Elena dishes on local food and local farming--and how to serve up more of both on New England tables.
What first drew you to environmental law?
I've always loved getting outside and enjoying the outdoors with others. I appreciate the power of outdoor education and have remained amazed by the complexity of the biological connections in nature. When I was an undergrad majoring in Environmental Science, I realized my strengths weren't as much in understanding the science of environmental problems, but more in helping fix these problems. I saw environmental law and policy as a powerful avenue for this type of work.
How are you putting those ideals to work at CLF?
I am interested in the intersection of humans and the environment. And that's why I love working in the Healthy Communities & Environmental Justice Program. Since joining CLF, a lot of my work has been on the Farm & Food Initiative, where, among other things, I am helping cities and local food policy councils consider reforming zoning codes to allow for urban agriculture. I also regularly attend Massachusetts Metropolitan Planning Organization meetings to ensure federal transportation dollars are spent in accordance with the Commonwealth's climate and transportation equity goals. And I'm also leading the development of a Legal Services Food Hub.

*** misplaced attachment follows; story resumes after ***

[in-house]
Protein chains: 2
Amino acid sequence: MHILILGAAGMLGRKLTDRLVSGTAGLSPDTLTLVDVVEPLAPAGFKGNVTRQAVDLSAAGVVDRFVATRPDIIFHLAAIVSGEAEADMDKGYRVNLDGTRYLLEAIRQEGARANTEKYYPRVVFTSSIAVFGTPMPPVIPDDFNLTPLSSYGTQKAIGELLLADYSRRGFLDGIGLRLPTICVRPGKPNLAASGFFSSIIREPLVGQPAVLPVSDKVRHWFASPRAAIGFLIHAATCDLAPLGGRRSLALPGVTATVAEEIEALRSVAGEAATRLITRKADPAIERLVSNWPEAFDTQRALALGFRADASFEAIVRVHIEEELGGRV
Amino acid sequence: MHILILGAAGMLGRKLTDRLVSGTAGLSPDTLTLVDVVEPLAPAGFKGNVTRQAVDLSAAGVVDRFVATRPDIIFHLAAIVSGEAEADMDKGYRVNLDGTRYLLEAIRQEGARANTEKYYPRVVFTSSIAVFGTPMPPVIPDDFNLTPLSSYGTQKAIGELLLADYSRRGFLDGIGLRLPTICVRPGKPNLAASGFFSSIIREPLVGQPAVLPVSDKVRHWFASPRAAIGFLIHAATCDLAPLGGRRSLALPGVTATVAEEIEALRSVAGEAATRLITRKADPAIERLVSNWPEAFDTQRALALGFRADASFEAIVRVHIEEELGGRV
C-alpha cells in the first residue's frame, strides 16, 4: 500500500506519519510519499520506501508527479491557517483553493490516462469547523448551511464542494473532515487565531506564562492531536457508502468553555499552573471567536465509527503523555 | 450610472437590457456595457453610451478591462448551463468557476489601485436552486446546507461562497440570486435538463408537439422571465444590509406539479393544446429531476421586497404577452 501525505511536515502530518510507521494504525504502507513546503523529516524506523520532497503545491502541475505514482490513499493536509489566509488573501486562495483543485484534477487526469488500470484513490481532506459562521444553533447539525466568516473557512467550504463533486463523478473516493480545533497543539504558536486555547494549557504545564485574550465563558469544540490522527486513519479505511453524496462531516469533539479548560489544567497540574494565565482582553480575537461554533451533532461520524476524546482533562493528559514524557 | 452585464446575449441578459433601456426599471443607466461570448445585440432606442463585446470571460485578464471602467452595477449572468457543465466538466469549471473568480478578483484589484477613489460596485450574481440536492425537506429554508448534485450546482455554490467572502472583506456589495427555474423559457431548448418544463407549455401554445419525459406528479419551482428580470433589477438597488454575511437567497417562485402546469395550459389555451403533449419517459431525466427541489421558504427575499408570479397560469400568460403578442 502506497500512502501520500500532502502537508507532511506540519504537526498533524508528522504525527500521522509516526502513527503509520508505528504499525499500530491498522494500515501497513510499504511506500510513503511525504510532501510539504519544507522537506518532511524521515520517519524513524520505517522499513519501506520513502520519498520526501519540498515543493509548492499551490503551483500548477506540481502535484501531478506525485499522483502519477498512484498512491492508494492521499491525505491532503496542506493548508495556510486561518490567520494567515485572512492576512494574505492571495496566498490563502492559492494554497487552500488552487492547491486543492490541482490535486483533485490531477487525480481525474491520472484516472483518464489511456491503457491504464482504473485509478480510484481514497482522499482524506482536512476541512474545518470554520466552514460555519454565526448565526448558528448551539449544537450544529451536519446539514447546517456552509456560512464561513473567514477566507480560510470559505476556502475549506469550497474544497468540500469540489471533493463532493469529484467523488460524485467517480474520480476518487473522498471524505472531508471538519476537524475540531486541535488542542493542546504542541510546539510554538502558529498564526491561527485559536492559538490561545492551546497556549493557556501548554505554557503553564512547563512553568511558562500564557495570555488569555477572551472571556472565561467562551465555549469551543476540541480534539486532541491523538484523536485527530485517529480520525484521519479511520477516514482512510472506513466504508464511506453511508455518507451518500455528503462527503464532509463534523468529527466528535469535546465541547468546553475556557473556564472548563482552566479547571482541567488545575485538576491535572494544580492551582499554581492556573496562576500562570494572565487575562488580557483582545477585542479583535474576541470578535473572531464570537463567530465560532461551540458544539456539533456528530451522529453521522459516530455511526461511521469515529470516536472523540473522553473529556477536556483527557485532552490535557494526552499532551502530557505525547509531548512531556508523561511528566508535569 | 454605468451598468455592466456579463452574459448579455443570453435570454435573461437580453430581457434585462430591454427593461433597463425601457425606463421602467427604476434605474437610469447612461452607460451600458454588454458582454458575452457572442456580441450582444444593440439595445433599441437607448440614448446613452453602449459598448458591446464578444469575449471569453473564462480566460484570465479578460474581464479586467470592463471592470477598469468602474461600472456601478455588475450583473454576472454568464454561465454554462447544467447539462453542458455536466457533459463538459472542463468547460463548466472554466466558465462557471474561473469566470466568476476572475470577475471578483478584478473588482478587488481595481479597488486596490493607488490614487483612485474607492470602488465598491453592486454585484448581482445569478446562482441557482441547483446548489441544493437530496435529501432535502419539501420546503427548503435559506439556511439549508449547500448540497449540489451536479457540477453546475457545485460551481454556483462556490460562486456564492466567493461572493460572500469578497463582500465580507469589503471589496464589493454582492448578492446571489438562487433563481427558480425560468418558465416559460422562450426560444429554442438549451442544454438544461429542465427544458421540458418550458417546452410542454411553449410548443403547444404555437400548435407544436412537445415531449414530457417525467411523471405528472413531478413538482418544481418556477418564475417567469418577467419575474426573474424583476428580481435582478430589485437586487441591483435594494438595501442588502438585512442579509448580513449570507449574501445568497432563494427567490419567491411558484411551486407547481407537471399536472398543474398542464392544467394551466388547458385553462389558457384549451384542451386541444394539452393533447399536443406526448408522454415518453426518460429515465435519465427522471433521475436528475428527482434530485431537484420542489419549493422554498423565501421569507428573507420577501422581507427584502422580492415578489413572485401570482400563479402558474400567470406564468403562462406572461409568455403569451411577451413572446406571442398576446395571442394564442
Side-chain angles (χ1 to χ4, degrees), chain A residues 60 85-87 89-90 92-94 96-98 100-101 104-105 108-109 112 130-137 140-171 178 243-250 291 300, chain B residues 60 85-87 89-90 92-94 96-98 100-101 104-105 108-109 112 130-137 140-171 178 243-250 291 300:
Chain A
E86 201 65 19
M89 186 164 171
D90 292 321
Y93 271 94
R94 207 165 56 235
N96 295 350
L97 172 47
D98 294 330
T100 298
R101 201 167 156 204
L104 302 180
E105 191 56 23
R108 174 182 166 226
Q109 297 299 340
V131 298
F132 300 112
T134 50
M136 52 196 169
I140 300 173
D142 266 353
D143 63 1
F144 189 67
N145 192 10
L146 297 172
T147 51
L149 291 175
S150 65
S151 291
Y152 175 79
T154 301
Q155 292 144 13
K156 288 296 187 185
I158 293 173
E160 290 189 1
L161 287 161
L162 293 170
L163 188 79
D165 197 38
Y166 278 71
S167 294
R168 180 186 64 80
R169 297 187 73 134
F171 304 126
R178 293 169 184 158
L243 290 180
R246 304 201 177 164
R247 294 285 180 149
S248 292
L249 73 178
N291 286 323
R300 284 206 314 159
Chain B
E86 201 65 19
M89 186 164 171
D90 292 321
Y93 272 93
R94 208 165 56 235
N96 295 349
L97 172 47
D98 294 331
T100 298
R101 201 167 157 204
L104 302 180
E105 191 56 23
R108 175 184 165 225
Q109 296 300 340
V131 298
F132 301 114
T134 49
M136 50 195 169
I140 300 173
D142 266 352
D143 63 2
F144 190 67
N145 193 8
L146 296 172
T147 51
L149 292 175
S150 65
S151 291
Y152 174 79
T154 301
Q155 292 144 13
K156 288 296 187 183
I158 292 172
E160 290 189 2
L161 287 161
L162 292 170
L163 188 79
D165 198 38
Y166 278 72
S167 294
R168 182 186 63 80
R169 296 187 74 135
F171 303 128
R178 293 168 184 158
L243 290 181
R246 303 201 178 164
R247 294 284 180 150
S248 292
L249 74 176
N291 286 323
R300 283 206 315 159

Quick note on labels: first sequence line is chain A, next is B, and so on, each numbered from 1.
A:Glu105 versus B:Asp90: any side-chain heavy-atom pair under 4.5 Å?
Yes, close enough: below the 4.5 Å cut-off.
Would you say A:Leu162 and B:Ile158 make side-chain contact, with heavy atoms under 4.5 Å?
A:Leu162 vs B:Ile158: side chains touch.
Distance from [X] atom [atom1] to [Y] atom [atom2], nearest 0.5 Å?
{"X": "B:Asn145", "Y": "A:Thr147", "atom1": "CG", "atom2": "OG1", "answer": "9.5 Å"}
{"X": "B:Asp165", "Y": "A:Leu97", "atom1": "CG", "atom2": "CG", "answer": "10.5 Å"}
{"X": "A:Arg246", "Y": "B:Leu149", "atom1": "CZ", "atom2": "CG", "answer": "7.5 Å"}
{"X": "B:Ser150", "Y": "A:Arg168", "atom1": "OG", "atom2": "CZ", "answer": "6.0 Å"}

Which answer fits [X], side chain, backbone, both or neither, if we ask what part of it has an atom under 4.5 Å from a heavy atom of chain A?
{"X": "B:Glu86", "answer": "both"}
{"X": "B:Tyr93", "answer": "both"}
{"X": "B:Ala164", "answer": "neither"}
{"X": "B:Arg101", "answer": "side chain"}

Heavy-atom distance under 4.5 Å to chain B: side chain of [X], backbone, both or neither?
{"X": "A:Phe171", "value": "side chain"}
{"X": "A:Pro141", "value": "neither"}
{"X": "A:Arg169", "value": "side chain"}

Can you say more about the Legal Services Food Hub and what it will do?
A robust movement is afoot to sustain New England's communities with fresh, local food. But many farmers and food entrepreneurs struggle with the high legal fees associated with starting a farm or business, acquiring land, entering into contracts, and other business matters. These costs can prevent people from entering the local food business or maintaining a viable enterprise.
CLF created the Legal Services Food Hub to provide pro bono legal services to...